Two National Health Interview Surveys (NHIS), conducted by the National Center for Health Statistics (NCHS) at the Centers for Disease Control and Prevention (CDC) in 2002 and 2007, showed that nearly 40 percent of adult Americans reported using some form of alternative and/or complementary medicine (CAM). The 2007 survey also showed that 12 percent of children are using some form of CAM. Despite this increase in CAM use and integration with conventional remedies and treatments, we still need to strengthen the evidence base for many CAM approaches through basic and clinical research. In addition, there is a dearth of clinical researchers who possess CAM scientific content as well as a limited pool of CAM practitioners with clinical research expertise. In order to remedy this situation, the National Center for Alternative and Complementary Medicine (NCCAM) of the National Institutes of Health (NIH) supports a variety of high-quality research training and career development opportunities aimed at increasing the number, quality, and diversity of well-prepared and skilled clinical investigators with knowledge and expertise in complementary health practices (https://nccam.nih.gov/training). The Center's long-standing commitment to research training and the development of a well-prepared diverse biomedical workforce continues in NCCAM's Third Strategic Plan and is specifically delineated in Strategic Objective Four Improve the Capacity of the Field to Carry Out Rigorous Research. As the Center moves forward with implementation of this plan NCCAM is establishing the Interdisciplinary Complementary and Integrative Health Clinical Research Training Award (T90/R90) program to support its research capacity building goals by furthering the development of a research workforce with the combination of scientific skills and clinical research experience needed for competitive, collaborative integrative health research.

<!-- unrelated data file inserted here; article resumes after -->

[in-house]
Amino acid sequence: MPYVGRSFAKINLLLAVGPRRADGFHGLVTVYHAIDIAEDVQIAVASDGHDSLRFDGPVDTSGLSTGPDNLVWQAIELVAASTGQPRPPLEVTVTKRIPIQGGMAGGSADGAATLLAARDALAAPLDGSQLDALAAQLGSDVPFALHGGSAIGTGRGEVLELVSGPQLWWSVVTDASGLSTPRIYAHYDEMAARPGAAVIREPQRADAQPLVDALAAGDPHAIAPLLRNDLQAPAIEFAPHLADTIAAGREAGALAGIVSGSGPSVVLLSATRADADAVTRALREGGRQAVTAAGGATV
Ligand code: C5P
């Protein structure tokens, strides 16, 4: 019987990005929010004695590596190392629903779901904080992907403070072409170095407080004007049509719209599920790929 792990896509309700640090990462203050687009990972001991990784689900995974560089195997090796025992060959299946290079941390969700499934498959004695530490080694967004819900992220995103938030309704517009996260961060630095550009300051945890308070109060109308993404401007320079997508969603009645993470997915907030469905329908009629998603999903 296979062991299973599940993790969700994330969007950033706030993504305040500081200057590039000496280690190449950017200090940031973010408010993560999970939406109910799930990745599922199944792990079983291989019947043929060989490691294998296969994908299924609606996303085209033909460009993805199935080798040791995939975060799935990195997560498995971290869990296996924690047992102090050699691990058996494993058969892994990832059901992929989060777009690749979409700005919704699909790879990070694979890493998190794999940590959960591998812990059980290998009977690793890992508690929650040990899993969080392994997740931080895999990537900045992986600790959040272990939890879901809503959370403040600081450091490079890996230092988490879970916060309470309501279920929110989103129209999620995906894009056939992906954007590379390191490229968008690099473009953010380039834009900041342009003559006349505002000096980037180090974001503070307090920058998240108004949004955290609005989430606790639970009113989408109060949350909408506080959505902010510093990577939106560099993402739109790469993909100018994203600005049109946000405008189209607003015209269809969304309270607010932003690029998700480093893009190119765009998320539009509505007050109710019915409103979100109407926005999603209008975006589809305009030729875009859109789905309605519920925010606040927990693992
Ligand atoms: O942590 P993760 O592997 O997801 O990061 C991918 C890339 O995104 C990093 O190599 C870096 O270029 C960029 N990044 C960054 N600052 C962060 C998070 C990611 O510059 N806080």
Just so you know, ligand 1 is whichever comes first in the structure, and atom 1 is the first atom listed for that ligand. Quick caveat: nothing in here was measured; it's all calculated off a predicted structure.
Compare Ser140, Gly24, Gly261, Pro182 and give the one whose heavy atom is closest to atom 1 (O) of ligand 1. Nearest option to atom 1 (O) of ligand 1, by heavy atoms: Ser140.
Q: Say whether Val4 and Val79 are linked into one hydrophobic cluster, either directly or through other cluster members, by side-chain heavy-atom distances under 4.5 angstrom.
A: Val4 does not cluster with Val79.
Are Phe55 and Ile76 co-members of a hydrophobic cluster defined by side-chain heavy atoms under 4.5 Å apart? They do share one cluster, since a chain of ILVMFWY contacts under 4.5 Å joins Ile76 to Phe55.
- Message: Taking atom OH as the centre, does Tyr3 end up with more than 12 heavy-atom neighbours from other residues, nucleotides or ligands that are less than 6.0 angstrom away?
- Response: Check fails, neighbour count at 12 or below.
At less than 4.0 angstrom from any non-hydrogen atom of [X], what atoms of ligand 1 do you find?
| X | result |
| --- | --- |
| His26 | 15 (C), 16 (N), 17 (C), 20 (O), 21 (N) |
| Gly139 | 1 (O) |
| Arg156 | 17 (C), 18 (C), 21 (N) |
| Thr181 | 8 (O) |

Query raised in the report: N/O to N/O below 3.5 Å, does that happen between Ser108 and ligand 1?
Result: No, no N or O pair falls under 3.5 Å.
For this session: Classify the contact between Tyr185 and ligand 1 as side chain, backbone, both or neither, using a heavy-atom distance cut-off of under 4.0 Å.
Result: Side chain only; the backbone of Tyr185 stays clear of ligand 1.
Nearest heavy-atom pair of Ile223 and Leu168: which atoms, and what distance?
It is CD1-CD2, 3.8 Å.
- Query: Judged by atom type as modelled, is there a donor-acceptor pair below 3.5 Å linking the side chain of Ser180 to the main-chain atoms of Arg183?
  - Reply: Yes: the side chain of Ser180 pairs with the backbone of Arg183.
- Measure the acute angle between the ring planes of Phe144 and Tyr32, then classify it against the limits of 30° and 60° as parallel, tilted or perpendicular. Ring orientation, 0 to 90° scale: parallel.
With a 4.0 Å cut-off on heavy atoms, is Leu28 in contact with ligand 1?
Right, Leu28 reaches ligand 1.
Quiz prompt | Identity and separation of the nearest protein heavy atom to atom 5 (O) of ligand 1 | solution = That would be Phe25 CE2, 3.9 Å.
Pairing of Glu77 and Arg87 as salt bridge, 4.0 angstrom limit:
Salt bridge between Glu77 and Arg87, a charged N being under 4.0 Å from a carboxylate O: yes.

NCCAM recognizes that developing a clinical research workforce with training and expertise in complementary and integrative health medicine will require a multi-institutional and interdisciplinary approach. Thus, this initiative will support research training at the postdoctoral level because of the expertise, skills and scientific content needed in areas of integrative health medicine. This program will bring together institutions with research intensive environments (e.g., Clinical and Translational Science Award (CTSA) institutions and National Research Service Award (NRSA) T32 institutions) that have the clinical research expertise, infrastructure and potential participant pool (i.e., Ph.D. and M.D.) for integrative health-related research training and institutions focused in complementary health practice that have the expertise, the curriculum and faculty, as well as the potential participants (i.e., Ph.D., N.D., D.A.O.M., D.C., D.O., D.N.P., etc.) for clinical research training. NCCAM has been supporting both types of institutions for the last decade using individual institutional research-training programs (i.e., NRSA T35 and T32; and R25 research education grant mechanisms). Thus, the next logical step in NCCAM’s research-training and workforce development efforts is to formalize collaborations between these institutions through a single joint-program.